Agency News | New Program to bring Cognitive Behavioral Therapy for Children with Autism and Anxiety
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New Program to bring Cognitive Behavioral Therapy for Children with Autism and Anxiety Bookmark

Co-occurring anxiety disorders affect 40 to 50% of children with autism spectrum disorder, contributing to substantial distress and impairment. Personalized cognitive behavioral therapy (CBT) has been found to be effective for this underserved group, but it is not readily available currently, and the core treatment mechanisms are not well understood.

The Harris Center, Baylor College of Medicine, and the University of North Carolina – Chapel Hill is proud to announce an awarded grant from the National Institute of Mental Health to implement a cognitive behavioral therapy intervention and clinician training protocol called CAPTA (Community-based Anxiety Program Tailored for Autism).

The program will work to treat youth with anxiety and autism and will be employed in community mental health settings. Researchers will then evaluate clients’ preliminary response to the treatment. Drs. Eric Storch and Andrew Guzick are leading the project at Baylor College of Medicine while Dr. Rinita Roberts, Dr. Sylvia Muzquiz, and Tiffanie Williams-Brooks are project champions at The Harris Center.

The project will include three phases. To start, researchers will conduct a needs assessment with parents of youth with autism spectrum disorder and co-occurring anxiety, community mental health clinicians, and community mental health clinic leaders. They will also consult with an Advisory Board of experts in cognitive behavioral therapy for co-occurring anxiety in youth with autism spectrum disorder and individuals with lived experience. This feedback from stakeholders and experts will directly inform adaptations to CAPTA.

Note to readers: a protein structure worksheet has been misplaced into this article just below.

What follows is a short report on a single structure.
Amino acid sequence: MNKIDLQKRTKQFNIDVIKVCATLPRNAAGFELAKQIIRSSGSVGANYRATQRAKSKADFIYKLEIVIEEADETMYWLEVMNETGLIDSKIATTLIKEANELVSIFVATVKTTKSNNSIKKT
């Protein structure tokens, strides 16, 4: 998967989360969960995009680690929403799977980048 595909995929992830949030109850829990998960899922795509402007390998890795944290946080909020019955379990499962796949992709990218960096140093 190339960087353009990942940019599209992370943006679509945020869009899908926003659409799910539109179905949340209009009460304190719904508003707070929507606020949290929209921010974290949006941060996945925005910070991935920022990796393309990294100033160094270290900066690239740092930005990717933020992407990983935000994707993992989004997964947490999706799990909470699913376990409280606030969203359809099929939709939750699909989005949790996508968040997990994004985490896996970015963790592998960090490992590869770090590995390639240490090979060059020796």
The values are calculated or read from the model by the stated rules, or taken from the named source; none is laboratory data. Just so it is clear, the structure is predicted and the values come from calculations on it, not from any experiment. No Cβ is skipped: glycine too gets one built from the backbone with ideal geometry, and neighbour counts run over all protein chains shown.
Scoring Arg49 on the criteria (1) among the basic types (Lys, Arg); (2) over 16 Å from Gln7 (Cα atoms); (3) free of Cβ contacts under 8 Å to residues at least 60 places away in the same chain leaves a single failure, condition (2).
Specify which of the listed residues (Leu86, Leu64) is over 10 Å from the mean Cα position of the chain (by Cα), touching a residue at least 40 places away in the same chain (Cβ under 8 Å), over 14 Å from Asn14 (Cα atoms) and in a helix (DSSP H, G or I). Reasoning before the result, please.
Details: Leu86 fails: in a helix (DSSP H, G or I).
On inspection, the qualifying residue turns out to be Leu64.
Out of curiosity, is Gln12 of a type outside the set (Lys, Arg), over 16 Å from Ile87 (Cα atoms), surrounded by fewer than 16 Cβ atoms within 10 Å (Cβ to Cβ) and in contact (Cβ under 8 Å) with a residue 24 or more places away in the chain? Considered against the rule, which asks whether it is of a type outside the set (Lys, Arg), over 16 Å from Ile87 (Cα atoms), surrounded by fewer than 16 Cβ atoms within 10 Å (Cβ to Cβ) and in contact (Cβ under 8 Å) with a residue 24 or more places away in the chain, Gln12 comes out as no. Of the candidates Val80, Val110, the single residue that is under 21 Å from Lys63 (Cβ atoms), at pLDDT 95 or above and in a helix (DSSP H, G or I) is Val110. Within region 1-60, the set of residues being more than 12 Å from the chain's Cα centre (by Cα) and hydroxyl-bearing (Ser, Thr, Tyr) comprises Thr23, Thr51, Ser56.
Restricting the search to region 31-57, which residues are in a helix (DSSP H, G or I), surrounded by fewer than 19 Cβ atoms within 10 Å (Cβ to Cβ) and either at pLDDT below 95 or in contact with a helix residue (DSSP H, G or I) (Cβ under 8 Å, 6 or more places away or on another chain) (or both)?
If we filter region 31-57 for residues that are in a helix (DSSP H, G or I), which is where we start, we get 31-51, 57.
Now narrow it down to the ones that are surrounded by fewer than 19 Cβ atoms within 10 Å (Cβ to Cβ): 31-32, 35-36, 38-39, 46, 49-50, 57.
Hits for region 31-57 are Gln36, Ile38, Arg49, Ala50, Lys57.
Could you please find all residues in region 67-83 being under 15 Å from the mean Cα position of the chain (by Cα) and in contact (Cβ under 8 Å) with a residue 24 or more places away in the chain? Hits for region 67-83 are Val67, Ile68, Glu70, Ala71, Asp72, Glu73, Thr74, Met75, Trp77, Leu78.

The next stage will be a small open trial comprised of 10 individuals, with the goal of obtaining real-world experience and refining the treatment and measurement protocols. A pilot randomized controlled trial with 60 participants will follow, in which CAPTA will be compared to usual care in two different community-based mental health centers. Researchers will examine CAPTA’s preliminary effectiveness to improve anxiety symptom severity and impairment and will also explore theoretically oriented treatment mechanisms. Lastly, researchers will assess implementation outcomes such as fidelity, feasibility, acceptability and contextual factors influencing CAPTA implementation and sustainment.

In the future, researchers plan to progress to a larger hybrid effectiveness-implementation trial to further scale the program.

CAPTA Project Leaders at The Harris Center

Rinita Roberts, Ph.D., Clinical Psychologist VI

Sylvia Muzquiz-Drummond, M.D., Vice President of Mental Health Medical Services

Tiffanie Williams-Brooks, Director of Child and Adolescent Services

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